Many philanthropists are also beginning to move away from more traditional, conservative models in Australia. For instance, some Private Ancillary Funds (PAFs) are adopting social impact investing so that they can continue to achieve social impact, but also look to innovative structures to leverage and recycle more of their funding. As the Trawalla Foundation states: “we are not afraid to take intelligent risks alongside our partners for the benefit of Australia’s future”. Trawalla Foundation is invested in the arts, scholarship and innovation. Donkey Wheel, originally set up for philanthropic giving, is now a key leader in the social impact investing sector, investing in various products including ethical property, the Newpin Social Benefit Bond, and social enterprises for homeless or at-risk youth. The Wise Foundation is providing funding to innovative business-based solutions to poverty, such as the shoe and leather cleaning service, Buffed, Australia’s first social franchise. Small Giants is another diverse impact investor, whose investments cover ethical farming, green living apartments, sustainable housing, renewable energy, childcare services, and homeless youth, amongst others. The Ian Potter Foundation is also supporting a number of initiatives to facilitate impact investing among philanthropists, including co-sponsoring two reports on the potential of impact investing for charitable trusts and superannuation funds. The Westpac Foundation has been been supporting social enterprises since 2006, when it launched the Seed grant fund, designed to provide enterprises with grants of up to $100,000.
Corporate foundations are also moving towards new ways of using funds, as demonstrated in the partnership between Westpac, CBA, and The Benevolent Society to close a $10 million Social Benefit Bond. The Bond, which has now been completed, established the Resilient Families service to decrease family breakdown, and keep children out of foster care. The Benevolent Society and Newpin Social Benefit Bonds in NSW are groundbreaking programs, which clearly demonstrate Australia’s global leadership in the sector. Having successfully piloted two bonds in 2013, the NSW Government has put to tender more opportunities for similar partnerships. Having established the NSW Office for Social Impact Investment, NSW has released their policy on impact investing, calling for proposals that focus on managing chronic health conditions, reducing levels of prisoner re-offence, managing mental health hospitalisations, and reducing youth homelessness. After selection, these transactions are expected to commence in early 2016.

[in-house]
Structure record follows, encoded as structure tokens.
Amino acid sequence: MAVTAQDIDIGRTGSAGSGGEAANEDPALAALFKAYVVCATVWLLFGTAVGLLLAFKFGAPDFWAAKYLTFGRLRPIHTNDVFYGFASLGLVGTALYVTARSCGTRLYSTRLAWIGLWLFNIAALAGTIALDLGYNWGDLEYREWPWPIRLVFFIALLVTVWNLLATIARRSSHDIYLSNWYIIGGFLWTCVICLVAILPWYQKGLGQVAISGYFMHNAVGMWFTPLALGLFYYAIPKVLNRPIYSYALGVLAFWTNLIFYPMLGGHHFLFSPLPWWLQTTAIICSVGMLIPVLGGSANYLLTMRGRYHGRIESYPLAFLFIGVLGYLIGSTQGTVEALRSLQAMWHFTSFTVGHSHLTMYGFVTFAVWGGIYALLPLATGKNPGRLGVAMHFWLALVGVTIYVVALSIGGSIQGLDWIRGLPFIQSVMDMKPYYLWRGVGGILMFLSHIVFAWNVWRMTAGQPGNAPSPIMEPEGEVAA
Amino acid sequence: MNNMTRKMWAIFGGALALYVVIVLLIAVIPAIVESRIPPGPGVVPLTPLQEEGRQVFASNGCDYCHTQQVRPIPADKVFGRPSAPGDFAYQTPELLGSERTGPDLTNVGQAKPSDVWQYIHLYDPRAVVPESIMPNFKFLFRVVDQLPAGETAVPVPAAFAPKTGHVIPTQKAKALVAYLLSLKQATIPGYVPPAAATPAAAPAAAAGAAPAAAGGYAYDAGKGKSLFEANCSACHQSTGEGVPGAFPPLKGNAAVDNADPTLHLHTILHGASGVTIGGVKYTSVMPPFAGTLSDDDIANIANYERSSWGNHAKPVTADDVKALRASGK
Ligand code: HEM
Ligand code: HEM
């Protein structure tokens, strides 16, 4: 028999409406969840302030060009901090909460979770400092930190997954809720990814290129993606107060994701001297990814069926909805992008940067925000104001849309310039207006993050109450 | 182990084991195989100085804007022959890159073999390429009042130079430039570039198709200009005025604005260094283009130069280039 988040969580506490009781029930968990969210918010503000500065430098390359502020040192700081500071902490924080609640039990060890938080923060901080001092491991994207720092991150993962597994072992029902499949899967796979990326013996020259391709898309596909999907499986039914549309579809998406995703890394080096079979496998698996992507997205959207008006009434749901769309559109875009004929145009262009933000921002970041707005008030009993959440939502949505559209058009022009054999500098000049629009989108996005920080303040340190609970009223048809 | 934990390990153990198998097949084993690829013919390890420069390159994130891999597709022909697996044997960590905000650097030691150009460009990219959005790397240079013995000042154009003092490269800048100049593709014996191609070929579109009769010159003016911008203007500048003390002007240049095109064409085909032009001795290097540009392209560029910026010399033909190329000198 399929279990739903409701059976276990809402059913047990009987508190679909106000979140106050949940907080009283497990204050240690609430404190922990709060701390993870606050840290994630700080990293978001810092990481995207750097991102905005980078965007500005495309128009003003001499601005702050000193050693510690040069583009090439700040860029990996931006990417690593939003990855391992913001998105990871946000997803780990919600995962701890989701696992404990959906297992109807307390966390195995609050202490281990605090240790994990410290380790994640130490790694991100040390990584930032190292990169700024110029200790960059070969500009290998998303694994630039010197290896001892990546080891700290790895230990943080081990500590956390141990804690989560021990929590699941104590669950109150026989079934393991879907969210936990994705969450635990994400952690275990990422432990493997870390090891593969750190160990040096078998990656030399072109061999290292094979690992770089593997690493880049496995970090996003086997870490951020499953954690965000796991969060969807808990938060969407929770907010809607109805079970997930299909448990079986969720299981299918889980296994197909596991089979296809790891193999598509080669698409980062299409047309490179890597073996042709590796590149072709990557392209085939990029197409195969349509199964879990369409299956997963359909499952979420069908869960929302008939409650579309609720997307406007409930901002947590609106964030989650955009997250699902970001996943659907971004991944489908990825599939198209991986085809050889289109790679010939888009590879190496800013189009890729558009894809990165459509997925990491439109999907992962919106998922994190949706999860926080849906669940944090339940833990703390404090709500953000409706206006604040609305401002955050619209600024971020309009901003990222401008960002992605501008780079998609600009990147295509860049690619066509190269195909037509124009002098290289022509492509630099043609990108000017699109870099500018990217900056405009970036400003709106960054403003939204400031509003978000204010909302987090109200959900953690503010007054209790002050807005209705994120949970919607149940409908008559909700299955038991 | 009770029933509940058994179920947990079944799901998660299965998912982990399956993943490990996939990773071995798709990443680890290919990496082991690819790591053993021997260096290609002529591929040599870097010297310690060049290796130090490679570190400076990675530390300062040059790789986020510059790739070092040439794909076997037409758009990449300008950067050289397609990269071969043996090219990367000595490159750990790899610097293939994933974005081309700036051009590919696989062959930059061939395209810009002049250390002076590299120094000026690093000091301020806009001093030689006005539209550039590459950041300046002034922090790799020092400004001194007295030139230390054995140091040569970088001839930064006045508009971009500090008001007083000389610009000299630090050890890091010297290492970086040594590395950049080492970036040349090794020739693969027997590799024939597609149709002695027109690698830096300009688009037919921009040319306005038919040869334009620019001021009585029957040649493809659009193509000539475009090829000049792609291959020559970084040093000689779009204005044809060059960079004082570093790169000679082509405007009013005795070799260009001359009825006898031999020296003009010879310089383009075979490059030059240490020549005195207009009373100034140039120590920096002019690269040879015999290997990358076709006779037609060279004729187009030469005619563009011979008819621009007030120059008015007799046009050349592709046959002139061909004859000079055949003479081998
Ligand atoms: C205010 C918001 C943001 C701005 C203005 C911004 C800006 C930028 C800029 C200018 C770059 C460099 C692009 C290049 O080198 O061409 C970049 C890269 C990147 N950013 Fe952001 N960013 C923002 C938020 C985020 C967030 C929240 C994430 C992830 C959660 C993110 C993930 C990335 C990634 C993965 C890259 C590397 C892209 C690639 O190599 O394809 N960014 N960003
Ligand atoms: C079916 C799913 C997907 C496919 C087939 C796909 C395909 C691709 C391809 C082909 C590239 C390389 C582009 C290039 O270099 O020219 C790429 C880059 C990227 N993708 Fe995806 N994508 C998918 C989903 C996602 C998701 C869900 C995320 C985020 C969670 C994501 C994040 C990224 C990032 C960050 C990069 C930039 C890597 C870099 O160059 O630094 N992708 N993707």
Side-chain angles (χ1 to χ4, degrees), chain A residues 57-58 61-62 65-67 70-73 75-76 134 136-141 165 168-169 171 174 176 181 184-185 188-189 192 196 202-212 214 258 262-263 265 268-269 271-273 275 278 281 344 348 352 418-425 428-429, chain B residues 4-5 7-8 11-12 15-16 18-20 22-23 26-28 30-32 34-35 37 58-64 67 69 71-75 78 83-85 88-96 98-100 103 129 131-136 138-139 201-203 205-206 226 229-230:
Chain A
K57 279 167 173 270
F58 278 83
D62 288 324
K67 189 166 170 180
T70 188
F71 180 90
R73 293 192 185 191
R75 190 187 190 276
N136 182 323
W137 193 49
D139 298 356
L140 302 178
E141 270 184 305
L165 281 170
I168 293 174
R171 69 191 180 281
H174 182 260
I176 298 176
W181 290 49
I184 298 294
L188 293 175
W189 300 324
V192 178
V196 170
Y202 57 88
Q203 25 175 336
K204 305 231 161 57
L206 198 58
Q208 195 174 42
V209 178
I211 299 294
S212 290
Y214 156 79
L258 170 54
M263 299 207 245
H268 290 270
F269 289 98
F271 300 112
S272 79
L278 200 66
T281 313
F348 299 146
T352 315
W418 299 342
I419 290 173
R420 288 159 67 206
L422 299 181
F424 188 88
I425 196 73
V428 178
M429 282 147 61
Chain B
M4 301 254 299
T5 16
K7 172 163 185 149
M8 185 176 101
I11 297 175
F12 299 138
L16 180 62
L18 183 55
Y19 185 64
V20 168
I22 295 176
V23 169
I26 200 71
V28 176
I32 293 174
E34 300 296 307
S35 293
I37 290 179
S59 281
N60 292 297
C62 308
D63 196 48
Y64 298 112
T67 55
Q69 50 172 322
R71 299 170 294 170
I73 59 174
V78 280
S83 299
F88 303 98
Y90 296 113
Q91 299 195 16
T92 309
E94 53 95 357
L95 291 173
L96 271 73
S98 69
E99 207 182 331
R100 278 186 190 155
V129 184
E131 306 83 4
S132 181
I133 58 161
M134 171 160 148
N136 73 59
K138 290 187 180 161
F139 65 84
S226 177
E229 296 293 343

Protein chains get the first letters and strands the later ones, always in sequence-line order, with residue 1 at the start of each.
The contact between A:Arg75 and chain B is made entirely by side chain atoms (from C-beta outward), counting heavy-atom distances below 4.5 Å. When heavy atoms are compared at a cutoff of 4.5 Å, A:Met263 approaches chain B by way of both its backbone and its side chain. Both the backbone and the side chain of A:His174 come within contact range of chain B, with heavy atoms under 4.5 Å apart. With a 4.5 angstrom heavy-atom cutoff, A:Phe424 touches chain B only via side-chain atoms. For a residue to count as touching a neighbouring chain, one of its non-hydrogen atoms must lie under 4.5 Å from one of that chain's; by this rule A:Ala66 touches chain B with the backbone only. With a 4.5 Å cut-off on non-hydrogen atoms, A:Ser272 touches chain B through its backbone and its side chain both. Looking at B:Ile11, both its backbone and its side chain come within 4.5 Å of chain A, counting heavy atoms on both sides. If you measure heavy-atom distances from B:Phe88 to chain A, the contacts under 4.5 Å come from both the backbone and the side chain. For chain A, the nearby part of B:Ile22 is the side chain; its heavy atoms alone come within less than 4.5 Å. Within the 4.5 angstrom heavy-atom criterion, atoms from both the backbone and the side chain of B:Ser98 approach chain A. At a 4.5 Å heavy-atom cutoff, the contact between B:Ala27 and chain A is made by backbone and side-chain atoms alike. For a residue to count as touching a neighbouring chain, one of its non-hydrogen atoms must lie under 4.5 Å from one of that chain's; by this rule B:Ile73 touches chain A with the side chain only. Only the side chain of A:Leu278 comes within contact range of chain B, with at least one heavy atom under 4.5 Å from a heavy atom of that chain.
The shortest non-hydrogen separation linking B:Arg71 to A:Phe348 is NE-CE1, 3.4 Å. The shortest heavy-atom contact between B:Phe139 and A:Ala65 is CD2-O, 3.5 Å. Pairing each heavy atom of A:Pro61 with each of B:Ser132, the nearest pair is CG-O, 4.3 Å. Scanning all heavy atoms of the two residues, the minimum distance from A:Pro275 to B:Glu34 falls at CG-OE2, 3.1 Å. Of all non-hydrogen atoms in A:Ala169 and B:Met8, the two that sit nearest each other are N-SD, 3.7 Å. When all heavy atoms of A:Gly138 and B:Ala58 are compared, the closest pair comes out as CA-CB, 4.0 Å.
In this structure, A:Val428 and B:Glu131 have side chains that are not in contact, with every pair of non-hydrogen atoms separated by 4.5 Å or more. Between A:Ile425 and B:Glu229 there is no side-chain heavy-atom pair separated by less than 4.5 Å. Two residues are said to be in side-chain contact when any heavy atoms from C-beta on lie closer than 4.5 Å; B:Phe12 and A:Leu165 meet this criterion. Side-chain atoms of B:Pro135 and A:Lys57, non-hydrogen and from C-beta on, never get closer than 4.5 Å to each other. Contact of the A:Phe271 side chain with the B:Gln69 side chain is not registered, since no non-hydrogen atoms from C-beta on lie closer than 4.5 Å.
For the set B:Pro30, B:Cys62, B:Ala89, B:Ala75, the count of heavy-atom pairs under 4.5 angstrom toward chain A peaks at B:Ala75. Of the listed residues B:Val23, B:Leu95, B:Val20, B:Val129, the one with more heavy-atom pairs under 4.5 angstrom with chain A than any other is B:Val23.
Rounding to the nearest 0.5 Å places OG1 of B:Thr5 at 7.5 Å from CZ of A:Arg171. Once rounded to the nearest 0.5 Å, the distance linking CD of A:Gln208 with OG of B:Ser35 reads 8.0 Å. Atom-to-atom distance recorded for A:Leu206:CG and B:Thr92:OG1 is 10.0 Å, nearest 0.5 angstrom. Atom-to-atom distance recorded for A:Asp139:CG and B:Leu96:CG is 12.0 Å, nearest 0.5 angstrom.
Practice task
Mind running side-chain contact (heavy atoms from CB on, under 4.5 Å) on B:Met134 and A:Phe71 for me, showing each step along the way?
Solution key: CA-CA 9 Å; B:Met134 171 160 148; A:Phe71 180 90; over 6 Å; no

As part of it’s strategic focus on combating mental health, the MLC Foundation has committed some of its funding to social enterprises. One example is MadCap, which supports people diagnosed with mental illness through the provision of training and employment.
Through a wide variety of initiatives, the nation that topped the 2012 World Giving Index is demonstrating keen interest in generating positive social impact, in ways that go beyond traditional non-profit models, and towards the core of business. As businesses, organisations, private foundations and governments innovate, social impact is moving to the core, we are seeing new, innovative models progress in Australia, creating tangible financial, social, and environmental value.